Wednesday, January 15, 2014

A Look Back: Defensive Score Sheet - Michigan at Duke

Defensively, it was a very rough day for U-M's Caris LeVert (AP).

Looking back, this seems like a typical Duke home game this season. The Blue Devils make enough threes and play good enough defense to get the win against a good-but-not-great opponent. It also helped that Michigan didn't play nearly to its capabilities.

The game had a moderate pace (67 possessions) but that shows you exactly where Michigan failed. Duke was able to get way too many good looks, especially from three-point range. The positive: Michigan played like a team for 40 minutes; The negative: every person on the team was responsible for a plethora of defensive lapses.

Caris LeVert, who some call "Baby Durant" or variations of it, didn't have a Durantian game on either side of the ball. His 15 points on 15 shots is hardly impressive and defensively he was terrible. He allowed a game-high 8.5 made baskets and was beaten off the dribble repeatedly. He looked especially bad when Jordan Morgan (worst DRtg for the game at 135.5) was in the post instead of Jon Horford or Mitch McGary (Michigan's best two defenders).

Here is the defensive score sheet for Duke's 79-69 win vs. Michigan:


Takeaways

  • This team will really, really miss Mitch McGary as the season progresses. Against a team with a lot of size, a big body like McGary is extremely valuable, especially defensively. The numbers not only show McGary was tough to score against but it appears Duke stayed away from him on offense as McGary only forced 2.5 misses and allowed 1.3 makes out of 56 potential occurrences. 
  • As mentioned above, Caris LeVert had a bad game. I think LeVert has the length and athleticism to be one of the best defensive guards in the country. The problem is he gets himself out of position too often. In games where Michigan excels I guarantee LeVert will be a reason on the defensive side of the ball. When Michigan struggles chances are LeVert is having an off game.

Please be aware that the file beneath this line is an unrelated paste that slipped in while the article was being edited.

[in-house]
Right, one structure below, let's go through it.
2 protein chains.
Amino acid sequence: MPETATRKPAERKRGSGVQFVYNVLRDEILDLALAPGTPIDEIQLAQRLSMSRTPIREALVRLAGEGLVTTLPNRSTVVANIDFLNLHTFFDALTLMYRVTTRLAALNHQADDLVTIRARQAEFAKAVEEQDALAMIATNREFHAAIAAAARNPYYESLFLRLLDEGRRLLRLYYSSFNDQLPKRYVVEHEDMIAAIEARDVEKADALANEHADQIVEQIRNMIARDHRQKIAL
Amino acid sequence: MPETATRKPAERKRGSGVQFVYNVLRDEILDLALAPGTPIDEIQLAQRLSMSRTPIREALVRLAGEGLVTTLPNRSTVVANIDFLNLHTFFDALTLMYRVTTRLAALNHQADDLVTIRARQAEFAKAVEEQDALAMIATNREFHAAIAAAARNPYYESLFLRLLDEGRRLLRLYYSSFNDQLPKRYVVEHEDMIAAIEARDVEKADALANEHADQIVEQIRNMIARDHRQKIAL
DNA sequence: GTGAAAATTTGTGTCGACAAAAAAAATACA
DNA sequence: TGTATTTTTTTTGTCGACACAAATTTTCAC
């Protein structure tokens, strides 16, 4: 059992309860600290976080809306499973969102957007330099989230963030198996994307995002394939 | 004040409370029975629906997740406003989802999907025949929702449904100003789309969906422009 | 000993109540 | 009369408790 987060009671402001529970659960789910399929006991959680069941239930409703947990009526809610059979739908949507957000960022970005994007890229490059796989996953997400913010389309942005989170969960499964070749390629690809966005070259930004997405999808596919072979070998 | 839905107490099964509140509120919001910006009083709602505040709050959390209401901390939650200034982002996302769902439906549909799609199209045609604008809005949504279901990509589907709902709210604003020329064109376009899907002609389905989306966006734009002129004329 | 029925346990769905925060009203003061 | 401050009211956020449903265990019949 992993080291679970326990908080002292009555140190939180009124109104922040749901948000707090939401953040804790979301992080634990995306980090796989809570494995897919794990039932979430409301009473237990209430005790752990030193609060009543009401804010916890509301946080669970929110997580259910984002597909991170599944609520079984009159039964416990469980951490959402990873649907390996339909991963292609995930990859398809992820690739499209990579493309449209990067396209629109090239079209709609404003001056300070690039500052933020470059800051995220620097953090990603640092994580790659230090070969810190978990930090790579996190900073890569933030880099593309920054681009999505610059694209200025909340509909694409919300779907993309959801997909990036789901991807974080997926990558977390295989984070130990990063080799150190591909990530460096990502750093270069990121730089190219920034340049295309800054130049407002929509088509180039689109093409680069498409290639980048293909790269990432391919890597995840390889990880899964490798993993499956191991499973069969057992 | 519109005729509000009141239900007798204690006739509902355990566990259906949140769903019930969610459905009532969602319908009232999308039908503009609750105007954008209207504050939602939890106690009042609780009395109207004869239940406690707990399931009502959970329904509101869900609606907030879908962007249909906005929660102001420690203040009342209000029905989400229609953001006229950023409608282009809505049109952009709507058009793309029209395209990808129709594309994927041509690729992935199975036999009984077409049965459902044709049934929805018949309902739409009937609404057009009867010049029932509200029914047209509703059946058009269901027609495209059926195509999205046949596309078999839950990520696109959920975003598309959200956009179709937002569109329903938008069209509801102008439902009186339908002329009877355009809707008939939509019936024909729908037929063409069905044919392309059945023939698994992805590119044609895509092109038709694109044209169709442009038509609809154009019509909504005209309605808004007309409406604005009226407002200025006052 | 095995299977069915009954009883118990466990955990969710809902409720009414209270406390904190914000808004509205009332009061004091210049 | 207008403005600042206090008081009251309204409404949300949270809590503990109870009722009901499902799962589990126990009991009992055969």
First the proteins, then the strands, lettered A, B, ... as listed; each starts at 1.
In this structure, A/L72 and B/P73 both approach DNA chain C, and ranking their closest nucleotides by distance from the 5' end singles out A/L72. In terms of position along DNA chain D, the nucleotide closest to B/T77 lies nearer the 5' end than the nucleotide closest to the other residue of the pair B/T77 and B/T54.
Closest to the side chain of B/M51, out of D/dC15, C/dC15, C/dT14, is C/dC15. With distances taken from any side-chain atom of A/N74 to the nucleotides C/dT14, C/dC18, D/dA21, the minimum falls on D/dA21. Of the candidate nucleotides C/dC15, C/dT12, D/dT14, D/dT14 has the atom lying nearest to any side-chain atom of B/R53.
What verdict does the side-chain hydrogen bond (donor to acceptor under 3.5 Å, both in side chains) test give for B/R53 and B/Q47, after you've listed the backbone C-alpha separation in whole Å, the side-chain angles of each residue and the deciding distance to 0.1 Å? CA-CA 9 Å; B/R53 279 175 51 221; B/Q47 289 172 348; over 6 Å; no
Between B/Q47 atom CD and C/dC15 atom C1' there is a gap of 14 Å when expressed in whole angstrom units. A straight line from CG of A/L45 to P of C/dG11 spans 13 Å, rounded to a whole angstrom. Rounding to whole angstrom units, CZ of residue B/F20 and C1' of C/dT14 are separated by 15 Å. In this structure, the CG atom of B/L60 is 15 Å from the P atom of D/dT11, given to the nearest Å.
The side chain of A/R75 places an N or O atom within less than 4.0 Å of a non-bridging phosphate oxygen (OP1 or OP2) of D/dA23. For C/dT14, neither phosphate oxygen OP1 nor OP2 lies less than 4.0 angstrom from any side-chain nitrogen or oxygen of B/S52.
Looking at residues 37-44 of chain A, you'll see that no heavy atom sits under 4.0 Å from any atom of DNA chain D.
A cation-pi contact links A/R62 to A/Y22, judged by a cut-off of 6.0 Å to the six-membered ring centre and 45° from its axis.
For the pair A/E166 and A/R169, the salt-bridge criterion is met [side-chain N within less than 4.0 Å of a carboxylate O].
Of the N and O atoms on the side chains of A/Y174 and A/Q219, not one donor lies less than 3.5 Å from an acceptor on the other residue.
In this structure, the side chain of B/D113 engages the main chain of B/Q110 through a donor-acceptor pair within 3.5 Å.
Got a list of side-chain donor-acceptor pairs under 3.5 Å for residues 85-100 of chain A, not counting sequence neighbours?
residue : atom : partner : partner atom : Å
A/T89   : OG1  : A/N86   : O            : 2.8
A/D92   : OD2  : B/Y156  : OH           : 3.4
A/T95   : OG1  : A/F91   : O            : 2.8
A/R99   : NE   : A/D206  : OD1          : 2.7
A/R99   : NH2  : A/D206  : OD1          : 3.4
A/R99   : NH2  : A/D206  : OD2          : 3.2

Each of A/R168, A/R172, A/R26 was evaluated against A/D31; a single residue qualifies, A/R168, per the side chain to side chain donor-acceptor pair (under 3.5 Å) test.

• Another Plumlee? Yes, Duke's third of the three Plumlee brothers, Marshall Plumlee, had a pretty great game against Michigan. He's touted as having the most talent of the trio but he also might have the most needed growth to reach that potential. That being said, for playing six minutes it seemed like Plumlee played the game of his life. In those half dozen minutes Plumlee forced four misses - one being a monster block - and grabbed a defensive board. This doesn't include his two offensive rebounds. He gave Duke something it was lacking and it fueled the rest of the team. 
  • You will always remember the name Jabari Parker. He's not just an offensive sensation, people, the guy is a tremendous athlete who actually takes pride on his defense. He was everywhere against Michigan, harassing Glenn Robinson III and other Wolverines all night. He forced 8.5 misses, by far the most in the game and had a team-high six defensive boards. While Parker's offensive exploits will get much of the attention for Duke going forward it will always be worth noting that Parker's 1B contribution of defense isn't that far behind his offense (1A).

Jabari Parker harassed Michigan ball handlers all evening. (AP)

----------------------------------------------------------------------------------------------------------
In-depth explanations are in this post, but here is a cliff notes version:
  • Min - Minutes played
  • DREB - Defensive Rebounds
  • FM - Forced field goal miss (includes blocks)
  • FTO - Forced Turnover (steals, charges taken)
  • FFTA - Forced missed Free Throw Attempt
  • DFGM - Allowed Defensive Field Goal Made
  • DFTM - Allowed Free Throw Made
  • DRtg - Defensive Rating (Gives players credit for stops and scoring possessions)
*The DRtg is most important part of a defensive score sheet as it is the analog of an offensive rating. If a player was on the floor for 100 of his team's defensive possessions, the DRtg calculates the number of points the opposition would score.

[NOTE: Deuce2Sports' defensive charting has been noted on Sports Illustrated's Web site twice this season by college basketball writer Luke Winn.]

No comments:

Post a Comment